"All too often in an improvised setting, the utilisation of a vocalist can make for a dreary session. For whatever reason, whether it be lack of structure or just the dynamic of the voice, most vocalists gravitate towards the centre of attention. Of course, such an occurrence undermines the integrity of a collective improvisation. Fortunately, neither Julie Tippett nor the group Rottor allow for such a disaster, owing as much to the vocalist's keen sense of palette, volume and theatrics, as it does to the ability of the quartet's members to coexist. Perhaps this can be attributed to the fact that Keith Tippett, bassist Paul Rogers, and trombonist Paul Rutherford are seasoned veterans who rarely have difficulty figuring out where they fit into the picture. Keith Tippett can coax a vast sound-world from within the piano, whether it be a rumbling bass register, knotty prepared piano, or delicate lyricism, the speed with which he adapts, and his intuition keep the piece afloat and inventive for nearly an hour. Similarly, Rogers guides the piece in an unassuming fashion, as his rich bowing or responsive pizzicato shapes offer the group a wealth of paths to choose from. Rutherford's trombone work is nothing short of formidable, and his work with both the quartet and Another Solo Turn, a solo tour de force, continue mining the vein he began tapping into on the early seventies' seminal GENTLE HARM OF THE BOURGEOISIE (Emanem 4019). Rutherford alternates fragmented bleats and blats with unusual voicings, or fully developed long tones and slides. Together the quartet creates music with constantly changing landscapes, with each player finding an integral part in determining the shape of the improvisation."


"Paul Rutherford is the great innovator of the trombone: his GENTLE HARM OF THE BOURGEOISIE (Emanem 4019) is described justly (on the CD sleeve of this disc) as 'the definitive solo trombone record'. On THE FIRST FULL TURN Rutherford is joined by vocalist Julie Tippett (who has brought along her thumb piano), her husband, pianist Keith Tippett (who also plays bells and maracas), and bassist Paul Rogers. Those who missed GENTLE HARM can also get a taste of Rutherford's solo technique on his twelve-and-a-half minute trombone solo Another Solo Turn, which serves as a coda to the quartet's fifty-three minute improvisation, The First Full Turn.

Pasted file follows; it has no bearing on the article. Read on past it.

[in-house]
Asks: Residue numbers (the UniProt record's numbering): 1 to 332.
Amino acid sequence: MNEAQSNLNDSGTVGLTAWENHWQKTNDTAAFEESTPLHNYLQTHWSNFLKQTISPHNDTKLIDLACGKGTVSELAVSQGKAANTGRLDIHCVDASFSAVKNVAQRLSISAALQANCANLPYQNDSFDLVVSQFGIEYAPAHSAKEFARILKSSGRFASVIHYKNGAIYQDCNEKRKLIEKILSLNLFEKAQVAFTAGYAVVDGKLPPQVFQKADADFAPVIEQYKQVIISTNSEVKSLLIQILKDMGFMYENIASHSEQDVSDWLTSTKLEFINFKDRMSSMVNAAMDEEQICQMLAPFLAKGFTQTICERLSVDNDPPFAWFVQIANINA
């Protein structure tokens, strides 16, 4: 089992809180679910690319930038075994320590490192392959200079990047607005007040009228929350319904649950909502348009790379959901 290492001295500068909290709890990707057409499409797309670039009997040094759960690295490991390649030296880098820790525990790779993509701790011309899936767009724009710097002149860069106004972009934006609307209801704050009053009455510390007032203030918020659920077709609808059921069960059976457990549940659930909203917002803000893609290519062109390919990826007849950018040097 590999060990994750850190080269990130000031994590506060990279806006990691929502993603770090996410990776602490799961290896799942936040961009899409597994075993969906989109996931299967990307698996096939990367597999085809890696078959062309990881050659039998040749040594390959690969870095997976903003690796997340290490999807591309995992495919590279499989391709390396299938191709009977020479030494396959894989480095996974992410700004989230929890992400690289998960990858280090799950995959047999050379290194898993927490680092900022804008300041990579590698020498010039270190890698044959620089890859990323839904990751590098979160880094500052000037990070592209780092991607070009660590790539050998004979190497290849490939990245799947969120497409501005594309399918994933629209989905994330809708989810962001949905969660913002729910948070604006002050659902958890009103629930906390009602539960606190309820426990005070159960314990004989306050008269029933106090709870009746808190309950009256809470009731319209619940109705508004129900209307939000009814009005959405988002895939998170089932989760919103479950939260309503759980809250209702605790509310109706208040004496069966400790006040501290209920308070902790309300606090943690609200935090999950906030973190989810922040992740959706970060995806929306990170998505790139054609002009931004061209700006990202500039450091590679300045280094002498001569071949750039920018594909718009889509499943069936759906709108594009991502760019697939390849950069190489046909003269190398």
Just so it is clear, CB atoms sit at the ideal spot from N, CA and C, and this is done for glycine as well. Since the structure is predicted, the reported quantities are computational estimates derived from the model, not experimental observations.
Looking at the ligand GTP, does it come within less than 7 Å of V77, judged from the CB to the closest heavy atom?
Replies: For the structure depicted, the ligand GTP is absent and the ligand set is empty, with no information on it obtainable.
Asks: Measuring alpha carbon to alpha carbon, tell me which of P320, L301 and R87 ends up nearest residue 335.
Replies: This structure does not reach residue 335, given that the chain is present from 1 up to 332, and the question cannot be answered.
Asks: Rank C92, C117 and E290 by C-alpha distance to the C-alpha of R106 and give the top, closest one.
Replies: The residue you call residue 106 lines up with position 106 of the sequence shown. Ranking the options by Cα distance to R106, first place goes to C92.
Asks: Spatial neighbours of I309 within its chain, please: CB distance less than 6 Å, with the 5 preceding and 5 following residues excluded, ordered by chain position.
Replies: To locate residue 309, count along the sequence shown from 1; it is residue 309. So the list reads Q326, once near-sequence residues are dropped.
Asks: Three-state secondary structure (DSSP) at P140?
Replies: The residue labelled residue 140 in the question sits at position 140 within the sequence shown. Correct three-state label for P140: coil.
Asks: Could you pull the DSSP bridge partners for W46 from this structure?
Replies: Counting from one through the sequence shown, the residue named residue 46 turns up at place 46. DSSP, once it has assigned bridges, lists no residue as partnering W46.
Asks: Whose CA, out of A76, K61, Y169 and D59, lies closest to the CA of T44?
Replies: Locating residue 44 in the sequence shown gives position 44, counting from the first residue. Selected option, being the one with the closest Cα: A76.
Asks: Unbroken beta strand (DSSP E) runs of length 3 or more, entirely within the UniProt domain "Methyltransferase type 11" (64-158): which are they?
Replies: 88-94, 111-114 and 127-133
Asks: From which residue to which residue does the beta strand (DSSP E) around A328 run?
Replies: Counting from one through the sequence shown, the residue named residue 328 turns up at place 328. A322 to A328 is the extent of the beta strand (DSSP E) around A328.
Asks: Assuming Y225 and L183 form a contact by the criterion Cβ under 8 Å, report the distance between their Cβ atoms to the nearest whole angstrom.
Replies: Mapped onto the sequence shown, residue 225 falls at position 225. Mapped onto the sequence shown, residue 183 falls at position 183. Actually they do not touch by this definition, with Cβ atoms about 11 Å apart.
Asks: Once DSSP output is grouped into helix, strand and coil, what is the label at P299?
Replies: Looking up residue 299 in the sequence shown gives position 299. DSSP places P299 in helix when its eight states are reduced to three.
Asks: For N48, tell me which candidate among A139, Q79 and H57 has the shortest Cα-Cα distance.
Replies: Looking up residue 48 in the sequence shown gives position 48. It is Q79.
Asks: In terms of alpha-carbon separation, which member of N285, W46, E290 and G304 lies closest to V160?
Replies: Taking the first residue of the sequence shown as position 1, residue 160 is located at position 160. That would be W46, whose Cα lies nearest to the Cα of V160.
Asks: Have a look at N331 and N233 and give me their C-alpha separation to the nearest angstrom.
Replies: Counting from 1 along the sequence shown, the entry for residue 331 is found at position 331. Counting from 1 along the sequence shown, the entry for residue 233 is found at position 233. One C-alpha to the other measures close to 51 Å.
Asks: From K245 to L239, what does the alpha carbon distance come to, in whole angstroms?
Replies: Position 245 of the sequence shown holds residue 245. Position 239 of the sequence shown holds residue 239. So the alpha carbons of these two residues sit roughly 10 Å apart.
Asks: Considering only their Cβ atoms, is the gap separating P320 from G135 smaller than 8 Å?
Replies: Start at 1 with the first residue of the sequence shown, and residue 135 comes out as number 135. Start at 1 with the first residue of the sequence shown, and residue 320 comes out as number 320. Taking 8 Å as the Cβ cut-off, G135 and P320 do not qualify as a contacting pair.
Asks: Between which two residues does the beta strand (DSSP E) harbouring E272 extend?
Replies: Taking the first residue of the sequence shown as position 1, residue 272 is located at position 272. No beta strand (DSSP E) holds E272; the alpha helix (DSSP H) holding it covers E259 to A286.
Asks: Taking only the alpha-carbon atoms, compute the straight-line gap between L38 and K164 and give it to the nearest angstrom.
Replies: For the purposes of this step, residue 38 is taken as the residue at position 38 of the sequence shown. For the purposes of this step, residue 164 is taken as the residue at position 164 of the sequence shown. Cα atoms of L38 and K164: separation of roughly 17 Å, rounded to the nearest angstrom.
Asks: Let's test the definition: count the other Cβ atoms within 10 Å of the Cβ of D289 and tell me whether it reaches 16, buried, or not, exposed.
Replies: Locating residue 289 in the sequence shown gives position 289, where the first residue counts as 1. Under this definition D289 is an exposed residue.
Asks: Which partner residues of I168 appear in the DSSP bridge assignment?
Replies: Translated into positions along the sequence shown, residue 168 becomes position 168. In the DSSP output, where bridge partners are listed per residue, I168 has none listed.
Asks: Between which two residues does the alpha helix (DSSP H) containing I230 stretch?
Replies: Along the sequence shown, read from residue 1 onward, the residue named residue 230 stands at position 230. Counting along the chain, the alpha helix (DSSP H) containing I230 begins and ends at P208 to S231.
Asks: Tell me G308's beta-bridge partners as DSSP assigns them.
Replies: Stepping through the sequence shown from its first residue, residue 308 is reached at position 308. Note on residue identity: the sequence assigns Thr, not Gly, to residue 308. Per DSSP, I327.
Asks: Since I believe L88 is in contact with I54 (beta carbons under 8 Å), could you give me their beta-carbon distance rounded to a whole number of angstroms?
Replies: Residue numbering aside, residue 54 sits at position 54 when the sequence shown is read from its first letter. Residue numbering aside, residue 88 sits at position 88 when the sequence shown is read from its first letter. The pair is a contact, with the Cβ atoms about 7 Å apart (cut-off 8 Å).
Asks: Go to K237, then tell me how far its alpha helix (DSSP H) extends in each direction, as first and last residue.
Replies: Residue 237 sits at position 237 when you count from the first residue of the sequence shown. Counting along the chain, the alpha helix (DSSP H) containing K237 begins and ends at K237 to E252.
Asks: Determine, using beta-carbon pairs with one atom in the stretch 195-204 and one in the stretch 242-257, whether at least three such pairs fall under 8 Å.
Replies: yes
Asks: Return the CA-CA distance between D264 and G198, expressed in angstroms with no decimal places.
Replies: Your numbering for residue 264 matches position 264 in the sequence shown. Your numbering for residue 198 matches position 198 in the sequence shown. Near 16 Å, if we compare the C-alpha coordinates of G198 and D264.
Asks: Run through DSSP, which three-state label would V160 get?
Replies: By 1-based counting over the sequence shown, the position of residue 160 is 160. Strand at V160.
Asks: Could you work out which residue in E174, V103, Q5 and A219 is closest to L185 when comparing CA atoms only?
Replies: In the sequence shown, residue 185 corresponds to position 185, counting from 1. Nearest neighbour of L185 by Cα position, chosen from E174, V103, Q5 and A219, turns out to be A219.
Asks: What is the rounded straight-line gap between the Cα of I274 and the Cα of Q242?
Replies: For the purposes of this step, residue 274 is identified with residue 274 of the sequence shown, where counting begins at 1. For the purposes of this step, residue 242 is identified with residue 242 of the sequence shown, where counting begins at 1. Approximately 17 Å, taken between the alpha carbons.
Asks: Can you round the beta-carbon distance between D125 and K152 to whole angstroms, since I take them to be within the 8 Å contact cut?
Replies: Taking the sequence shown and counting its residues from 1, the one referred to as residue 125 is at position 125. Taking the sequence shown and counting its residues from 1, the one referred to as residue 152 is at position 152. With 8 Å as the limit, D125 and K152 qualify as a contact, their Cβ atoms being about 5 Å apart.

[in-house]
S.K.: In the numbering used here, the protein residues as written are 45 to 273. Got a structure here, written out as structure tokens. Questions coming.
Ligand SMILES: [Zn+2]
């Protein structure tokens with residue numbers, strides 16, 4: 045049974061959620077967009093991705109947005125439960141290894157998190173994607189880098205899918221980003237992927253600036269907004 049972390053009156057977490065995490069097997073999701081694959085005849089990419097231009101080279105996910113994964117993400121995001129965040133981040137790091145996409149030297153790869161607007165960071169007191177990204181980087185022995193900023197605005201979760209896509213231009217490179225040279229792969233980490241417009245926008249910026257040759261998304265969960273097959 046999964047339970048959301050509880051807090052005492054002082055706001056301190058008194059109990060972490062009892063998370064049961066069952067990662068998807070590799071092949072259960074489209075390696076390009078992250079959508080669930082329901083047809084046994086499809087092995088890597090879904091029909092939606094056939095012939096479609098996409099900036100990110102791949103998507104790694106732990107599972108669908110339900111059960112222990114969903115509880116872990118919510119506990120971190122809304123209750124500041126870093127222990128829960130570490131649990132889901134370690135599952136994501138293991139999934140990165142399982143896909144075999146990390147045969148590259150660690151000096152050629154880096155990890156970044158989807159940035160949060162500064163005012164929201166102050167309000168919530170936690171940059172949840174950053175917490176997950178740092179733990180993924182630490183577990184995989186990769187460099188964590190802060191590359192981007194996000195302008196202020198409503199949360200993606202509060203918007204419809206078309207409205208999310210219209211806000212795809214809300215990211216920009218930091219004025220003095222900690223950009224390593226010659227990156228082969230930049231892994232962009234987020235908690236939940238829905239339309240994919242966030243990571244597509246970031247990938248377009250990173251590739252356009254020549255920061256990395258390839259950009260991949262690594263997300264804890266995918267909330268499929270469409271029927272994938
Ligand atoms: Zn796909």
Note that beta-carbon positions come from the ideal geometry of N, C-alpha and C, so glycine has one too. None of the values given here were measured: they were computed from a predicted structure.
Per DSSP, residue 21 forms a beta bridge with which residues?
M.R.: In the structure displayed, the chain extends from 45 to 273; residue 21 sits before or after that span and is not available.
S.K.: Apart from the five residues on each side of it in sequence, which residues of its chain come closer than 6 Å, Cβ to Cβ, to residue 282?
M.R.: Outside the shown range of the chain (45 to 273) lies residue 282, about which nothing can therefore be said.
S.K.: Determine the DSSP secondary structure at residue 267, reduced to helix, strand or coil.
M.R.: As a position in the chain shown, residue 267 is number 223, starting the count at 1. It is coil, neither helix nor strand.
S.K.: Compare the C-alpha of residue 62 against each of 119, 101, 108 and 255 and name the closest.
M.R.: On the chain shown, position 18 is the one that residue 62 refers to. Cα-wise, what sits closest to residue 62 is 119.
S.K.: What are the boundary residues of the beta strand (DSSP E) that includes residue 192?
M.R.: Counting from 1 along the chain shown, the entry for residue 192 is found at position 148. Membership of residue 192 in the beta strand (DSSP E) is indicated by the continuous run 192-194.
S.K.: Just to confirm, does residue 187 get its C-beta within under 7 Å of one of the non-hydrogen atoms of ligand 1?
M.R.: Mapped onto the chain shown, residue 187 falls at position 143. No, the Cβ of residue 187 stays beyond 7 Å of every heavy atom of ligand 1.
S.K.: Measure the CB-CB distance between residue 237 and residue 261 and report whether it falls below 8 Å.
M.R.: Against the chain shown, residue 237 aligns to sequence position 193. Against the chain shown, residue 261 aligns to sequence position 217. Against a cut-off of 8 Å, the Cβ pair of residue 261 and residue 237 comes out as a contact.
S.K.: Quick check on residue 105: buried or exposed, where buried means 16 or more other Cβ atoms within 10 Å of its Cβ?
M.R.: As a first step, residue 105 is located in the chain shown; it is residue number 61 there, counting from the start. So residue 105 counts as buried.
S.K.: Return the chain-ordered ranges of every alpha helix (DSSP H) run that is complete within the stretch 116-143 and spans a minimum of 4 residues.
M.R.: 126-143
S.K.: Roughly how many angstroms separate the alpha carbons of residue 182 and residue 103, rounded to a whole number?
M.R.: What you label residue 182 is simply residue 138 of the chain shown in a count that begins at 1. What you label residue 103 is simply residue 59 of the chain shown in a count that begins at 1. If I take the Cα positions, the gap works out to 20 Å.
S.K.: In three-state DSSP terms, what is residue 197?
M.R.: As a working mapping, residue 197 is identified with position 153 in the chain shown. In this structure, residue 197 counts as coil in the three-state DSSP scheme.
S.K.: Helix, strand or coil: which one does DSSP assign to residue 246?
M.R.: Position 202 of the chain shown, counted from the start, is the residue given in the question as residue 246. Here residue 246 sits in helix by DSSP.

As might be expected, The First Full Turn runs a gamut of emotions and textures. Julie Tippett has a remarkable voice which she uses like an instrument, matching Rutherford's growling trombone or taking manic (and highly virtuosic) solo flights while Rutherford and Keith create contrasts in lower registers. She can move at tremendous speed - and provokes Rutherford, K.T. and Rogers to do so as well - or work in long tones that cue the instrumentalists to lower the volume and intensity. She can growl and twitter in ways to which we're accustomed from horn players, but not from vocalists. It is a tremendous, fascinating performance from beginning to end, showing off not only Rutherford's tremendous colouristic and improvisational ability, but also the considerable skills of Julie Tippett.

Another Solo Turn, recorded almost three months before The First Full Turn, is no throwaway. Rutherford has a huge range of expression on his trombone: he can match Roswell Rudd's smears and wails just as easily as J. J. Johnson's smooth precision. By the nature of the case he tends more toward the former than the latter, but he has such a range of expression that he never fails to hold interest. Recommended."


"Some argue that too often vocalists tend to dominate improvised encounters and make the musicians seem like a backing band; but I'm sure that it is in part a matter of habit, the ears focus on the voice, particularly if it is as spirited as Julie Tippett's. As one part of the quartet Rottor recorded live playing one long piece, she is the ineluctable locus of attention primarily, I think, because something very basic in us responds to the voice's naturally encoded expressions. Her voice becomes a healing linctus in agitated contexts or a disturbing source of dissonance beyond the reach of consolation. It is saying much about the other three musicians to state that they are as good as she is."


"The musical language, timbral experiments and structures employed will be familiar enough to seasoned improv listeners, but they will find plenty of mileage within them. The ensemble sound is generally spacious rather than dense, with Julie Tippett's typically wide-ranging vocal - traversing whispered staccato scurryings through to mock operatic yelps - and Rutherford's trombone emerging as the prominent voices. Rogers is as inventive as ever on bass, while Keith Tippett plays with great restraint, making his stormier interjections around the half-hour mark all the more effective. The piece seems to fall into silence around five minutes later, but the pianist introduces a new chain of thought with a simple melody figure, and sets the hare running again, culminating in a long, ecstatic finale."


"A collaborative effort with Keith Tippett (p), Julie Tippetts (v) and Paul Rogers (b), it also includes a fine Rutherford solo."

RICHARD COOK & BRIAN MORTON - The Penguin Guide to JAZZ RECORDINGS, 9th edition, 2008